Karl Popper tried to get around this problem by saying induction is not part of the scientific method. He says that we do not try to find confirming evidence for conjectures but rather try to falsify them. When they are not falsified, they are tentatively true. He agrees that confirmation is never certain but that this is better than inductive inference, what we had before. Falsification can be definitive, as when we discover a black swan and can falsify the proposition that all swans are white.

What follows are a few statements from an article by Martin Gardner in 2001:

The more often a conjecture passes efforts to falsify it, Popper maintained, the greater becomes its "corroboration," although corroboration is also uncertain and can never be quantified by degree of probability. Popper's critics insist that "corroboration" is a form of induction, and Popper has simply sneaked induction in through a back door by giving it a new name.

Popper's great and tireless efforts to expunge the word induction from scientific and philosophical discourse has utterly failed. Except for a small but noisy group of British Popperians, induction is just too firmly embedded in the way philosophers of science and even ordinary people talk and think.

Confirming instances underlie our beliefs that the Sun will rise tomorrow, that dropped objects will fall, that water will freeze and boil, and a million other events. It is hard to think of another philosophical battle so decisively lost.

--Gardner, Martin. “A Skeptical Look at Karl Popper,” Skeptical Inquirer,
25(4):13-14, 72. )

bis bald,

Nick

Unscientific to Presuppose Induction

Brian S's picture

Leonid,

All we have to help us determine the nature of something are our theories. But we cannot be certain our theories are correct (although they could be). For example, a comprehensive explanation of the nature of a chair must include, among other things, theories about its atomic nature. But to understand atoms, we need the standard model of particle physics. Can you be sure that this is the ultimate theory or that it won't be overturned or expanded? Superstring theory tends to indicate we can't be. Is there an ultimate nature to be found beyond which no further explanation is possible? Maybe there is, maybe there isn't, but it is an assumption to presuppose there is.

I hold it is unscientific to presuppose induction. In fact, as I have tried to explain, scientific explanation does not in any way rely on induction. This is what Popper, Bartley, Miller, and others have shown. Instead of presupposing induction to justify theories, science actually proposes regularity in nature through theories. This is far from being empiricism, which is indeed a cancer of science.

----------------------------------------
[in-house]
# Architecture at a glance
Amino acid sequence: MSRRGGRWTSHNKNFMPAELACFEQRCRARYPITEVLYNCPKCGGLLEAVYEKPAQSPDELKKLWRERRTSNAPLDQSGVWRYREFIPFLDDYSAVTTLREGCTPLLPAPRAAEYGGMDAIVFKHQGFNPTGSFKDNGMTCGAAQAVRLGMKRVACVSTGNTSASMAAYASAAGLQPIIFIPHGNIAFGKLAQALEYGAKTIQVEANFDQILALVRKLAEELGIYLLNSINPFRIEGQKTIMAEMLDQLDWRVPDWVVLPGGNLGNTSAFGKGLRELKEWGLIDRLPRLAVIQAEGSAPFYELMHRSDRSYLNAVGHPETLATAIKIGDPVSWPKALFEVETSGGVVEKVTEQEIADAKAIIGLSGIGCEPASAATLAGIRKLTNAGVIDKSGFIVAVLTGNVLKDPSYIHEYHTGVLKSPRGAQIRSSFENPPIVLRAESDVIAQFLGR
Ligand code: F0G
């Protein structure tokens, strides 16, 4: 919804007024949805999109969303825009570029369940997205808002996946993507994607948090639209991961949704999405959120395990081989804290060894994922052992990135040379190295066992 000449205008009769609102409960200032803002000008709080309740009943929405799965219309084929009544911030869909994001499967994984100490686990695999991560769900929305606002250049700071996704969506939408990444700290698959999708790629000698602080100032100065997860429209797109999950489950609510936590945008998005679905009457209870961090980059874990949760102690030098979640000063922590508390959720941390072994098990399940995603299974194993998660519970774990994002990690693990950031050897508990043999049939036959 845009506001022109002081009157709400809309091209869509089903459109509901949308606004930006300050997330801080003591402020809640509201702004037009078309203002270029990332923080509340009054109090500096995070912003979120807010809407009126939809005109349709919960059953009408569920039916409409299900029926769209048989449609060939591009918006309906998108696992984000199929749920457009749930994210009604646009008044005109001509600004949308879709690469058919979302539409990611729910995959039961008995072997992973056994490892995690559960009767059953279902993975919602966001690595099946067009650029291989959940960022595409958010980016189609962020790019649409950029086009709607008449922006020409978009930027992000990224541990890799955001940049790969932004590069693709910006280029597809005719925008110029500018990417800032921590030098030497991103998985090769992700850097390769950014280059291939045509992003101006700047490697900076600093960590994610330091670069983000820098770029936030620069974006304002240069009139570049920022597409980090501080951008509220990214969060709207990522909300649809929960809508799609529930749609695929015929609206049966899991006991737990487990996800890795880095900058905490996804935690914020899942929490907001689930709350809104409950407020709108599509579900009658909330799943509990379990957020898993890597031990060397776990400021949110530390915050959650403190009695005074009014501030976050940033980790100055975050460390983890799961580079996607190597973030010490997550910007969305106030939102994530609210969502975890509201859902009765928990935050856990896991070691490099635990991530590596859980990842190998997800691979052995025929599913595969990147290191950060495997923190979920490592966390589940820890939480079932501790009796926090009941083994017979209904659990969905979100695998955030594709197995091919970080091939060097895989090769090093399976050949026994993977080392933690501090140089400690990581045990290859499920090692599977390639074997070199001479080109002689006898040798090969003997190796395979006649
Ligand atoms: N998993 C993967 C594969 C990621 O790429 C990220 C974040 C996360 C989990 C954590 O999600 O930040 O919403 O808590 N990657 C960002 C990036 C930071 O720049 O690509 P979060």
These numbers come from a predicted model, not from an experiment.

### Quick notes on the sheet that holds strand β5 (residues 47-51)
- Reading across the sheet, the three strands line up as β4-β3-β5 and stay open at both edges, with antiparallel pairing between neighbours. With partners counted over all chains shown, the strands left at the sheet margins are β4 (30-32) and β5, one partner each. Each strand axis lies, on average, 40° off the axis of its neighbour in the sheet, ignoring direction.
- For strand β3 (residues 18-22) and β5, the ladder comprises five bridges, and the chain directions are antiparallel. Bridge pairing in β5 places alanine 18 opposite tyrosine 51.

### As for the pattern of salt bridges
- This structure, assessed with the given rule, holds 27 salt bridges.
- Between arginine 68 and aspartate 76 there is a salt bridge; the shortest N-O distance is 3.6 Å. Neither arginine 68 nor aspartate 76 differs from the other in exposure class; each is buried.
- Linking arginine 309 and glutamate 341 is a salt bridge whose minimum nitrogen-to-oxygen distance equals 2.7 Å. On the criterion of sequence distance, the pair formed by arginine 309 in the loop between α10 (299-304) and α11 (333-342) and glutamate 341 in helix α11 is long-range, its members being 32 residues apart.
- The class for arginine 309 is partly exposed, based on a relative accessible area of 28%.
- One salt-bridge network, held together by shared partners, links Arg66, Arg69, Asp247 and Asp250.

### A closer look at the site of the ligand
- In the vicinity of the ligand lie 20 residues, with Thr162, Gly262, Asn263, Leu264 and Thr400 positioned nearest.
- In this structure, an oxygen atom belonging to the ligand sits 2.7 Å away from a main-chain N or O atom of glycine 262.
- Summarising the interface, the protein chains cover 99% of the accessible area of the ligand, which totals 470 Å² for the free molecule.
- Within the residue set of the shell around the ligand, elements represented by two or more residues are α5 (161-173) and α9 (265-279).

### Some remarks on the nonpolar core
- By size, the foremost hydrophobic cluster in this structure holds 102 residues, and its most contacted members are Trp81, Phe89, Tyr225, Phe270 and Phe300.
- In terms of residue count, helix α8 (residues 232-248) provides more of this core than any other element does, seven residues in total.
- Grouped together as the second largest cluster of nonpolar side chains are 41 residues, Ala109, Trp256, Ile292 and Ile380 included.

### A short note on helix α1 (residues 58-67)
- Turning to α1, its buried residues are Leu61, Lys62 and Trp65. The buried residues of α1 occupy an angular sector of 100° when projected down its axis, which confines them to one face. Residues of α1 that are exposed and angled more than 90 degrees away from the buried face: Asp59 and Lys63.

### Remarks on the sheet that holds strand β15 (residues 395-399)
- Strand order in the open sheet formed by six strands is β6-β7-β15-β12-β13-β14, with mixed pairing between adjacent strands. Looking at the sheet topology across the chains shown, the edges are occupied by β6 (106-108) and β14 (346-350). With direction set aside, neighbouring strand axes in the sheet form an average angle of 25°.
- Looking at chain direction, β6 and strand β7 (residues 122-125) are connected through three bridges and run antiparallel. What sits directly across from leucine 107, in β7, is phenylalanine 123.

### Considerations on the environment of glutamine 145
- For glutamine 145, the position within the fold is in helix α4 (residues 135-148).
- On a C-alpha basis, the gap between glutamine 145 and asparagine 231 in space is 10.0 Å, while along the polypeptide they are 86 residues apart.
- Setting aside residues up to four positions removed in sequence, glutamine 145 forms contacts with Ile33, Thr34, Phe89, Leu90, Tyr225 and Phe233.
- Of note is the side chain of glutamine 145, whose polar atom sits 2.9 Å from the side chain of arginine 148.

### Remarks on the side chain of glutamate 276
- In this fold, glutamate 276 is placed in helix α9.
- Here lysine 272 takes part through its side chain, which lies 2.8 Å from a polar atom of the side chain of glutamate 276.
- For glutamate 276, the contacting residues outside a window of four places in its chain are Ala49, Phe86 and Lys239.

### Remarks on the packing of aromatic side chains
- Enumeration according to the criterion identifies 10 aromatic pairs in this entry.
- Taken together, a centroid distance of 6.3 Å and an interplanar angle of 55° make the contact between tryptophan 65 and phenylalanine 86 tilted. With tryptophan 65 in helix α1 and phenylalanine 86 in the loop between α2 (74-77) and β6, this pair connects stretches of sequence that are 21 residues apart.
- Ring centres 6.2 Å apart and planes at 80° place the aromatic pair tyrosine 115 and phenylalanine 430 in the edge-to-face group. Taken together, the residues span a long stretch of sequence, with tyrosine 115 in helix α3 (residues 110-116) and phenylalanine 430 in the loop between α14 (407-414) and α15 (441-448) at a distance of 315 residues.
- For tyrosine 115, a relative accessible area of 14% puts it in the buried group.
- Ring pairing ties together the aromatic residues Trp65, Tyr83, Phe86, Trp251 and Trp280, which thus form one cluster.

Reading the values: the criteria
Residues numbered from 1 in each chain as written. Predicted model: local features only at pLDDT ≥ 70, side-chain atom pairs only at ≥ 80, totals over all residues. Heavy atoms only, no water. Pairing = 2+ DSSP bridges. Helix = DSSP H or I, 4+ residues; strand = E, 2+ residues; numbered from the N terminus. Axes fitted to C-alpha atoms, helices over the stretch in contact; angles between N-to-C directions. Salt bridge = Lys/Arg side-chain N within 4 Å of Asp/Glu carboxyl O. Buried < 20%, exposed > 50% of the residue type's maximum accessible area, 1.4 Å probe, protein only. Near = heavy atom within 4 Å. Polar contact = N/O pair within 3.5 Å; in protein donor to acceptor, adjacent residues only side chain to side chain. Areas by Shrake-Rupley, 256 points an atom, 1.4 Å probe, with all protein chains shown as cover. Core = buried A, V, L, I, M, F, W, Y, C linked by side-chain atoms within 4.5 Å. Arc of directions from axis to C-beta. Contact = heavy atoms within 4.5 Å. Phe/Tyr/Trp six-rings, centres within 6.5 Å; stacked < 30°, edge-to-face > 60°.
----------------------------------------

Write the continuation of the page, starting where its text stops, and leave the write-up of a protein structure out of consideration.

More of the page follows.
Hope that helps!

limitation of knowledge

Leonid's picture

Leonid

Brian S

You said " Scientific progress is not a search for ultimate essences and ultimate natures - it is a seach for explanations. And this search will never end."-and I not sure I follow your logic.If things don't behave according to their nature,then according to what they behave? Scientific quest is a quest to learn the nature of things and their interactions, cause-effect connection. This is the base of induction.And if you reject that then what you mean by explanation? Every thing less then that would be empricism which is real cancer of science.Our knowledge is always contextualy limited. If we discover a new knowledge we should be able to integrate it with previous knowledge which has been proven as true in non-contradictory ways.General theory of gravitation of Einstein doesn't refute Newtonian theory but integrates it.

Leonid1."You do not know

Leonid's picture

Leonid

Nick

1."You do not know that volition and mind are not illusions and that this discussion is not the result of interaction of genetic traits with external stimuli. You just insist that it is not."

You right. I reject solipsism in regard to consciousness as I reject it in regard to existence.It's no need to prove self-evident.Observe that your proposition is self-refuting. Its first part "you don't know" is refuting the second part " volition and mind are not illusion" because if volition and mind are illusions then not you nor me or anybody else can know anything.

2."If causation is not broken, then every action has a sufficient reason. That means it has an antecedent cause, and that means it is determined, not free."

To have sufficient reason,casuation, not always means to have antecendent cause. Some causes are antecendent like in the case of Laplace determinism, but some are not. What causes water to be wet? What causes uranium to decay? What causes particles with the same charge to repulse each other?. What causes to organism to heal itself? There is no antecendent cause for all these. The cause is intrinsic part of the thing,part of its identity. That what Aristotle called first (not primary) cause.

3."You haven’t responded to my arguments about how causality cannot be a corollary of identity."

Please repeat this argument

You've clocked me on the Popper but I'm no follower of Kuhn

Brian S's picture

Brian S, you seem to be influenced by Karl Popper's views on induction, that it never really proves anything,

It's not that induction doesn't really prove anything, it's that induction is a myth, there is no process of induction, as I've attempted to explain. Yes, I am influenced by the Popperians (in particular, Bartley's pan critical rationalism).